Social media, is a powerful 21st century tool, a voice for the voiceless, a channel to connect with others around the world, and a platform for over half the population, with 4.62 billion social media users as of January 2022. I know I am a part of those 4.62 billion, are you? And if you are, then is your social media potentially harming your prospects of getting that job you want?
Hindering or helping?
With the various social media platforms present today, and new ones cropping up all the time, it’s so easy to get swathed into this virtual world, creating Tiktoks, trying to get the highest likes, and maintaining this alter ego in our social media presence. But this venture into a virtual world can do more harm than good if used incorrectly. A recent study by the Society For Human Resource Management (SHRM) found that 43% of employers screen job candidates through social networks and search engines. With businesses joining the social media trend, albeit later than individuals, it’s crucial to make sure your social media isn’t getting in the way, but rather helping you. Whilst you eagerly search the business, stalk all its social media presence, the same can be done to you, and the image you present online is vital.
Be private, not invisible
You may have heard the advice: put all your accounts on private if you want to get a good job. I know I heard it whilst growing up. But in this day and age with social media careers becoming a whole new industry, and using social media as a way to stay connected, this is unrealistic. It’s also a major red flag if you can’t be found anywhere, especially if you’re applying for a role that involves social media. So my advice would be to be selective with what you share. Remember it is YOUR social media, and you get to decide what to share. Whilst it’s okay to keep your Twitter and Instagram private, have a professional handle, use a profile picture that is clear and displays you at your best, not that time you got drunk in Mosh. There’s no hard and fast rule here, but rather drawing a line with what to share and how much, and making sure that you don’t spill every single detail on your social media. You get to decide what that is, using your common sense, a skill employers normally look for…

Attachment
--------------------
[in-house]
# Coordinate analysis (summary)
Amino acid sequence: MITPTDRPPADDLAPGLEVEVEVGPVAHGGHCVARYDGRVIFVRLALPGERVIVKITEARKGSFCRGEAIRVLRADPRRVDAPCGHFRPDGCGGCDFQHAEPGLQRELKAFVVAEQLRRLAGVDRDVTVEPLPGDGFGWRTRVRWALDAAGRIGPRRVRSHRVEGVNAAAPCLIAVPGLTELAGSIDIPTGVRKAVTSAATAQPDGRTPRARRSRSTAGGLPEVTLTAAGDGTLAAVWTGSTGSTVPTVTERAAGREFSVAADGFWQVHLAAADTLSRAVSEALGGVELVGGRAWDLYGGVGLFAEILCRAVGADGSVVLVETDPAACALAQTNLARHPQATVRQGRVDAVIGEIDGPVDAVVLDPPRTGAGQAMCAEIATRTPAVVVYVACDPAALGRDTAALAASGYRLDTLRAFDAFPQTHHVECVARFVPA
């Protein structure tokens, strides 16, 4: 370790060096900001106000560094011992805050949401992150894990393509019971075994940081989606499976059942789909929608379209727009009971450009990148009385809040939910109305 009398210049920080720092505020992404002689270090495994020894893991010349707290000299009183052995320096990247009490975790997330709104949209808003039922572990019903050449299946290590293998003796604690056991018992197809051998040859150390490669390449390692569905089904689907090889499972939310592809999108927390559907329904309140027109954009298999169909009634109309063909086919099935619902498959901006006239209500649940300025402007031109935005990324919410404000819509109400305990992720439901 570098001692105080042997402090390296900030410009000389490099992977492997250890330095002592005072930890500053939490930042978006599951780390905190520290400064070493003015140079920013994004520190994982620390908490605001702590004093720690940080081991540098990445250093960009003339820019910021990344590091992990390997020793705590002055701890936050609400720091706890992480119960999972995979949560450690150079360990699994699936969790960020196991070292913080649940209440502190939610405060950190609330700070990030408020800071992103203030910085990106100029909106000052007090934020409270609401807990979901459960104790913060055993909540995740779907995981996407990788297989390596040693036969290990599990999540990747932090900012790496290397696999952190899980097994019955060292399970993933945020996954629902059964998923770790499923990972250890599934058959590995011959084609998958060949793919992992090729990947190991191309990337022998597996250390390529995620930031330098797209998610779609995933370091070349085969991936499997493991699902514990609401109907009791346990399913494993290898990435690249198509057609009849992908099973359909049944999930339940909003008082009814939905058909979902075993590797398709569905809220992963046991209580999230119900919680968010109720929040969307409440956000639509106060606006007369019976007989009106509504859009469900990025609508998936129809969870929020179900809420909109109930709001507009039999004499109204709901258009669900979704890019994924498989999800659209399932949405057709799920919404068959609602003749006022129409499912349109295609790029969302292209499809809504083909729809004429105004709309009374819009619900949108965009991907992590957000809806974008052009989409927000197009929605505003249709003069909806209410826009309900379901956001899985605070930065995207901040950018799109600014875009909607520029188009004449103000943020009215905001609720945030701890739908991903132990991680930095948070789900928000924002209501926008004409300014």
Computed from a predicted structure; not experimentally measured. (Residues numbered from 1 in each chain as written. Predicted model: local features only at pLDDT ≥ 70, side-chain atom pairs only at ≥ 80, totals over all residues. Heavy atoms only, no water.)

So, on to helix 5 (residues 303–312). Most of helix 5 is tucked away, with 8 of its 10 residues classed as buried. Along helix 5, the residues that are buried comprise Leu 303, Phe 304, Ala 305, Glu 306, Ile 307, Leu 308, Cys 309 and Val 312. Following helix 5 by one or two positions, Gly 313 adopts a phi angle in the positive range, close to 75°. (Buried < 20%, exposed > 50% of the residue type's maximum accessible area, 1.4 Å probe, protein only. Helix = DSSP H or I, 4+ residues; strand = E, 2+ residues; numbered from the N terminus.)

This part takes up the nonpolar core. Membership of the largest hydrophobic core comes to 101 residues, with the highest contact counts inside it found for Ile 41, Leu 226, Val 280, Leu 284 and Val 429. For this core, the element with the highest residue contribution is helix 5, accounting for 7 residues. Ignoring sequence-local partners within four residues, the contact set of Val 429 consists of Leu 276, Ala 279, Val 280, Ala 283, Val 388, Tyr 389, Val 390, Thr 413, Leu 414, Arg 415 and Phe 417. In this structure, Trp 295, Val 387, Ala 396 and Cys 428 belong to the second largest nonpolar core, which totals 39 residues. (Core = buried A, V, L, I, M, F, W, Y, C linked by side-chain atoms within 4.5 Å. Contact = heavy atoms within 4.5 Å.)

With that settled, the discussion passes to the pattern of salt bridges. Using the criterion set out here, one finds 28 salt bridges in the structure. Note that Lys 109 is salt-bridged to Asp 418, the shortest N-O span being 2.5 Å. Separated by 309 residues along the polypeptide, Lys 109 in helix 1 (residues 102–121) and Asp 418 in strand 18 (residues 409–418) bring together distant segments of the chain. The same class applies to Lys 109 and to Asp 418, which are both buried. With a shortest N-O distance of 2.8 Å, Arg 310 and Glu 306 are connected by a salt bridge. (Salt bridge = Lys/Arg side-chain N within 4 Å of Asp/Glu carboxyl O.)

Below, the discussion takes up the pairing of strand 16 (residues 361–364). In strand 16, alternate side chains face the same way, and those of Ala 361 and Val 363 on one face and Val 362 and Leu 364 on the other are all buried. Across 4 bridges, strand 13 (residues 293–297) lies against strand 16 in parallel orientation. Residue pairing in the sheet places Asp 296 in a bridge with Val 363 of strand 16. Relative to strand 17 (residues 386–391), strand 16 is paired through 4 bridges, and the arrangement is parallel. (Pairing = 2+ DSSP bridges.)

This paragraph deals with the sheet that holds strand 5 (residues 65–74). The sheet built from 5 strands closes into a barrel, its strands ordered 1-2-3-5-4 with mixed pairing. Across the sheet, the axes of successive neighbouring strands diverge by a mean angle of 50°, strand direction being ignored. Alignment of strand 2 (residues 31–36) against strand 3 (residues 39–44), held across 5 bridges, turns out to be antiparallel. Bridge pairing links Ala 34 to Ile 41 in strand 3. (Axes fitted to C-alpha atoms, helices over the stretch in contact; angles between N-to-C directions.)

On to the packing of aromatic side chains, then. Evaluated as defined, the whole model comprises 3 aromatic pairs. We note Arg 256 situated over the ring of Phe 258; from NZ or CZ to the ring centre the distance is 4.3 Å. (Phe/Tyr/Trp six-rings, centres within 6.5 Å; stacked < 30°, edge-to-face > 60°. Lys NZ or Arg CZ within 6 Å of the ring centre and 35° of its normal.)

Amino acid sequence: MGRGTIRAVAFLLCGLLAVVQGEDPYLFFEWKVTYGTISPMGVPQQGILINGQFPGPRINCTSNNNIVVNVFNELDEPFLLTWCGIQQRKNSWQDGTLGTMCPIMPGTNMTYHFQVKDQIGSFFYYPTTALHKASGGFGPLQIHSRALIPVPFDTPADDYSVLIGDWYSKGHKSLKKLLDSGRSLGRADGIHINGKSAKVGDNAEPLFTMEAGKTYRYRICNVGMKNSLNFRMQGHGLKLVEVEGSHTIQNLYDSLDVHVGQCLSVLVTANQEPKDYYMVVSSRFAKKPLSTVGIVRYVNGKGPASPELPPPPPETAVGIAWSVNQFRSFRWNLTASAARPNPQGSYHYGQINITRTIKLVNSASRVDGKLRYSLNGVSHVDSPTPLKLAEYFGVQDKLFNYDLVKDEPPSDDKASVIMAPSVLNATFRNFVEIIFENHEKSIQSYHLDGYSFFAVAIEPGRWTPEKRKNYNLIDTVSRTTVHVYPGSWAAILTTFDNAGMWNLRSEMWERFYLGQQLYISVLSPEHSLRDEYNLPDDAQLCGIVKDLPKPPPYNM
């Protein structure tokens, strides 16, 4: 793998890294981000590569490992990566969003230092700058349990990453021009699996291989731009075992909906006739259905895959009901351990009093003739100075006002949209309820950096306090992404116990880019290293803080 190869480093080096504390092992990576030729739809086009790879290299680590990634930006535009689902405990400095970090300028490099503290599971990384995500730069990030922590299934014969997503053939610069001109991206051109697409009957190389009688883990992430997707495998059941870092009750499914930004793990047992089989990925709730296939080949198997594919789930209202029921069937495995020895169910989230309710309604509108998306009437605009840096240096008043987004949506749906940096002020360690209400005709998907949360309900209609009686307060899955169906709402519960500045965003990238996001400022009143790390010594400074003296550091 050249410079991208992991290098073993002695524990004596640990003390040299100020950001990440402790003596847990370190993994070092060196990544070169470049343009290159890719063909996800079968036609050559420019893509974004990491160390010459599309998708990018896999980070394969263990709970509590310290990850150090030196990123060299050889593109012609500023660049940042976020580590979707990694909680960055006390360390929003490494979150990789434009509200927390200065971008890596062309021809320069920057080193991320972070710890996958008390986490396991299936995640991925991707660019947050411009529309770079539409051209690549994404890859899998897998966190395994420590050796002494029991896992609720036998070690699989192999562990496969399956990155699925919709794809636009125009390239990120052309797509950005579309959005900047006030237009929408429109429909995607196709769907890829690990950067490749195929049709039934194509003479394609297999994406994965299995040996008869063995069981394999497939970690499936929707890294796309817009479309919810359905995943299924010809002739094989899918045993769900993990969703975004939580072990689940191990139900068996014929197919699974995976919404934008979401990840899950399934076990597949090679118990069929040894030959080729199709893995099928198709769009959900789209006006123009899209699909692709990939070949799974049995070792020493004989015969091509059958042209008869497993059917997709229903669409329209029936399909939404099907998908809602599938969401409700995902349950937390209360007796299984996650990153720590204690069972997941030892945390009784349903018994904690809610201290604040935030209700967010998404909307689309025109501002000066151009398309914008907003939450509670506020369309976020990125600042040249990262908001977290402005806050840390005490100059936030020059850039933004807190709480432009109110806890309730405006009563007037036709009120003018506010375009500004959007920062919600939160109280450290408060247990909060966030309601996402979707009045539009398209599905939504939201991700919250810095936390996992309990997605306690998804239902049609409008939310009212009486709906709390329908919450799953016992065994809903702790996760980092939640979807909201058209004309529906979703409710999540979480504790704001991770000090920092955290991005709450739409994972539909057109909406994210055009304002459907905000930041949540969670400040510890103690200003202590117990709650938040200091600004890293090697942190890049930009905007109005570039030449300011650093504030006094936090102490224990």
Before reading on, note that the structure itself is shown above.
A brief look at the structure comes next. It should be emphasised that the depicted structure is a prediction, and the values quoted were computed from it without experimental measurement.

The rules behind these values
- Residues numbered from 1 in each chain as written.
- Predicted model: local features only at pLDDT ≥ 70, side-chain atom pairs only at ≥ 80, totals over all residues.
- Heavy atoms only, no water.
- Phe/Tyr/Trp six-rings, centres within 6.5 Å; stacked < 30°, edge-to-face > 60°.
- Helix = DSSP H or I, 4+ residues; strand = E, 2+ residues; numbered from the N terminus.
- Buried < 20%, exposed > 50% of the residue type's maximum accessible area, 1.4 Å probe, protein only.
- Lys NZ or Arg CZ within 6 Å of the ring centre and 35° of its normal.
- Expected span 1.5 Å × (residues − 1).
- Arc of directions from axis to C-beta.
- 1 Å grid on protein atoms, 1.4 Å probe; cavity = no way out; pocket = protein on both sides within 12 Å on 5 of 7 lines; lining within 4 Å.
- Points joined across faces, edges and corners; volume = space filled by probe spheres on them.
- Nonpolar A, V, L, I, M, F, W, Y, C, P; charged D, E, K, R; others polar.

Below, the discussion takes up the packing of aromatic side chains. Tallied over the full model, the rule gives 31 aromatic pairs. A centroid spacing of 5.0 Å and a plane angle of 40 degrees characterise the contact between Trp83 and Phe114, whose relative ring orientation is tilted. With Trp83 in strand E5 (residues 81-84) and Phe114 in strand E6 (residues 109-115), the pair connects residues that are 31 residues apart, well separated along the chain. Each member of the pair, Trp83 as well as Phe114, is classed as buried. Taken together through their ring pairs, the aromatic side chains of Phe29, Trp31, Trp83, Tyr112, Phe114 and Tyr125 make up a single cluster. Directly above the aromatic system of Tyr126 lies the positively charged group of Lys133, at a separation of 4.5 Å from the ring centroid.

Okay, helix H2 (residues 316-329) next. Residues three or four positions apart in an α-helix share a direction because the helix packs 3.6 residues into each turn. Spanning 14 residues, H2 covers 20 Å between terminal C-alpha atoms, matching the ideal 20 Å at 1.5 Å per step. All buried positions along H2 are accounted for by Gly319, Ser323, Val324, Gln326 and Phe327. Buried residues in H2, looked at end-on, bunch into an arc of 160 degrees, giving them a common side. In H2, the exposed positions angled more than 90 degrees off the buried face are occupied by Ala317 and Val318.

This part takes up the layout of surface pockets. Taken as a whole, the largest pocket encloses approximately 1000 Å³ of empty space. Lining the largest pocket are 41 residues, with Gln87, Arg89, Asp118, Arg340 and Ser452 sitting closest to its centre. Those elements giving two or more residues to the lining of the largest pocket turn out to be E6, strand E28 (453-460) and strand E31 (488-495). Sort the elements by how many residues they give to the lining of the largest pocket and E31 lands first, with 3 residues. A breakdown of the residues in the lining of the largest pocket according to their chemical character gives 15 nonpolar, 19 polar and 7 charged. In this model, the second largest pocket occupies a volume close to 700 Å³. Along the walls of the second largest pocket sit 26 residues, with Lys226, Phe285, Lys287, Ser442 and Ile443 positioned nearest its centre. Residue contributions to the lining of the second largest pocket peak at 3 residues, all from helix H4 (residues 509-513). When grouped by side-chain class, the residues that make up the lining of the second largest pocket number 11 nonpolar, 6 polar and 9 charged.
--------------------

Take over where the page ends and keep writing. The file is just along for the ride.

Use social media to help you
Rather than swearing off social media in the pursuit of a job, use it to your advantage! Be active on Twitter, following the businesses or sector you want to go into, connecting with other students and professionals. Post your achievements on LinkedIn, and grow your network, so when that employer searches for you, they find a professional individual. Social media can open up doors for you anywhere and everywhere, you just need to utilise it to benefit you.
So, should we be using social media in our private lives or professional ones?
The answer to this really depends on what you’re willing to share, but my advice would be to use it for both! Everything has a place, and some things should be kept private where you can express yourself, whilst others should be kept public to allow yourself to be noticed so you can reach out to employers. Draw the line between the two, and when posting ask yourself: Is this the platform to post this? If an employer saw this, would I be presented in a bad light? Do I REALLY want people to know this?
 https://datareportal.com/social-media-users#:~:text=Kepios%20analysis%20shows%20that%20there,of%20the%20total%20global%20population.  https://www.shrm.org/hr-today/trends-and-forecasting/research-and-surveys/Pages/Social-Media-Recruiting-Screening-2015.aspx